Well, I’ve broken myself of the habit of only spinning frog-hair, and have approximately 2 pounds of bulky alpaca yarn to get busy turning into a sweater. Although a friend did come over the other day while I was plying the last bit, and asked, “Is that your bulky yarn?” Yes. Yes it is. I’m knitting it on size 10 needles, thank you very much.
So now that I’ve realized that I can in fact control my spinning, it’s time to experiment. I’m planning on tackling my stash slightly less haphazardly than usual, exploring the characteristics of the different types of fiber I’ve been stockpiling. Including…
Wool: Border Leister, Churro, East Friesian lamb, mystery sheep, Rambouillet, Shetland, Suffolk, Wensleydale.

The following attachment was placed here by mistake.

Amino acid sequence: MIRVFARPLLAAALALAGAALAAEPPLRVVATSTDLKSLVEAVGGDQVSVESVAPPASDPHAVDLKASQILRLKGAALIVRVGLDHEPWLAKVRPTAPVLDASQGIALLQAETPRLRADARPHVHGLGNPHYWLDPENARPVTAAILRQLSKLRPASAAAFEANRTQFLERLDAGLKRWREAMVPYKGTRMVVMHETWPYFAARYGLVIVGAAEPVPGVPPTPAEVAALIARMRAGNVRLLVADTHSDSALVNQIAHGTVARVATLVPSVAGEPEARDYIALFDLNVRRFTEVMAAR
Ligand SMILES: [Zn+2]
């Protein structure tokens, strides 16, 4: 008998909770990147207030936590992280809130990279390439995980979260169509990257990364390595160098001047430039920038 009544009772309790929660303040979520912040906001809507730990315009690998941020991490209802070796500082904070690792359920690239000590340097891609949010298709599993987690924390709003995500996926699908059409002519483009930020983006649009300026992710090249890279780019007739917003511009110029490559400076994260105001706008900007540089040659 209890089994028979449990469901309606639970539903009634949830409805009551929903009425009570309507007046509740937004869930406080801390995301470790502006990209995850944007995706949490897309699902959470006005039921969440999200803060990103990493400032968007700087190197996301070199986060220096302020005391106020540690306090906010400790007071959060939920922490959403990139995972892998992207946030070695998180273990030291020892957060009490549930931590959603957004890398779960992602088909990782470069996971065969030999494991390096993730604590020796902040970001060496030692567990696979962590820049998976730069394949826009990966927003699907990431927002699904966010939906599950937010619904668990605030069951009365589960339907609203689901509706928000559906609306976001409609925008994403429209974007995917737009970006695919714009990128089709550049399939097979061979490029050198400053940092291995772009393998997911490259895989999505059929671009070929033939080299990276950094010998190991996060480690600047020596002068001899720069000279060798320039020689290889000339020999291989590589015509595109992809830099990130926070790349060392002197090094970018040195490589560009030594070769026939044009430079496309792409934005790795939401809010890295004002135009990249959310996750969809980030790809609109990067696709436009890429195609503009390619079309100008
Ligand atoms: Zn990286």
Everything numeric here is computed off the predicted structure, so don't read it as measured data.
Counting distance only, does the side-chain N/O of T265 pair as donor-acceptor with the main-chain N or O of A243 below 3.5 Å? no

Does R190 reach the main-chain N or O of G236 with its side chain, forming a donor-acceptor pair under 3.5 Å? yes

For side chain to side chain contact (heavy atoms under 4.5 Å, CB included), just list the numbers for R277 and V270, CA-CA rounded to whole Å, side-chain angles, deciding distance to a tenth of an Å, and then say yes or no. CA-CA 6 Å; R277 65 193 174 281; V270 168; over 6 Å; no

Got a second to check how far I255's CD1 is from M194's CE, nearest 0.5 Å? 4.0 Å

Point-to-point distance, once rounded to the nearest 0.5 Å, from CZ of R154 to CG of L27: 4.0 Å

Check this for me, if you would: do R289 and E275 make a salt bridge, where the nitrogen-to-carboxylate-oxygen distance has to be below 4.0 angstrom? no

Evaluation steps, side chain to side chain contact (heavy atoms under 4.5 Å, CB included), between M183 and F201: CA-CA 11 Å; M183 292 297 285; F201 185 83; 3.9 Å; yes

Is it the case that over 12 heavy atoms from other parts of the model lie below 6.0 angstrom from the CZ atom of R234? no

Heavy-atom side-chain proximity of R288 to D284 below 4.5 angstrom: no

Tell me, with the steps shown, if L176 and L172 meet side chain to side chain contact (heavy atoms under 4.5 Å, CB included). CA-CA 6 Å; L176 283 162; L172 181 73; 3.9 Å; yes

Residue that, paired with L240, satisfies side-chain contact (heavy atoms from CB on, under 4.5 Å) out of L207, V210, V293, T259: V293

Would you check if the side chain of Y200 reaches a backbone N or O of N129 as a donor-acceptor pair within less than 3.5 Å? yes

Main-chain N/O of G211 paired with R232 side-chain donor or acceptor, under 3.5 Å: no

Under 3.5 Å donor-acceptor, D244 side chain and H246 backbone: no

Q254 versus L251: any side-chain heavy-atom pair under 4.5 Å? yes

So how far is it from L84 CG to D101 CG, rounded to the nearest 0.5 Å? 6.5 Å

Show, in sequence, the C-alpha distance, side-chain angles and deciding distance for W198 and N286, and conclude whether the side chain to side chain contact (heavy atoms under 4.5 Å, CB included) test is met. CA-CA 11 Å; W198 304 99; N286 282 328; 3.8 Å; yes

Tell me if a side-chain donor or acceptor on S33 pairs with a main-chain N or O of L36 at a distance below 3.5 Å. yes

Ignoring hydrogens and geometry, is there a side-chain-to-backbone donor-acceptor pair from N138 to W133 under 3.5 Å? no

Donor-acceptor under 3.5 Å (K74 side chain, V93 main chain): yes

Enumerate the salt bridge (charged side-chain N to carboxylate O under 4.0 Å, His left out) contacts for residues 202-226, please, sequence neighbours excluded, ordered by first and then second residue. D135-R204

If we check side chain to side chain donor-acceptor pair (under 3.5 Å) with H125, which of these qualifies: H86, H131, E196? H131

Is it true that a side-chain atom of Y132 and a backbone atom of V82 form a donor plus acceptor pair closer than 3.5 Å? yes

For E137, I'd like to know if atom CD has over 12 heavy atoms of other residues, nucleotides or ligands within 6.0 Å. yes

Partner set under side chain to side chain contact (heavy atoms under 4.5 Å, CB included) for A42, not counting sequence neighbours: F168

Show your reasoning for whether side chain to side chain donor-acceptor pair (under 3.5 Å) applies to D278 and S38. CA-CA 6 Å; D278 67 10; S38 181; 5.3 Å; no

Other critters: alpaca, angora, mohair, yak.
Silk gets its own category: caps, cocoons, Bombyx top, Tussah top.
Plants: coconut husk, cotton (roving and bolls), flax, hemp.
I decided to start with the Wensleydale, which I have in the form of batts rescued from a free pile. Fellow thrifty spinsters take note: if you find batts of Wensleydale in the free pile, it’s there for a reason. This stuff is sticky, chaffy, and full of 2nd cuts. It’s not very evenly carded, so there are fluffy sections that draft out like a dream, and then big wads of locks all gummed up together. Yet, for some reason, I persist in trying to spin it. I split it in half and am spinning one half as close to worsted as I can manage, and will do the other half woolen. My idea was to compare different drafting techniques applied to the same fiber preparation, but so far the take-home from this one is: don’t spin yucky fiber.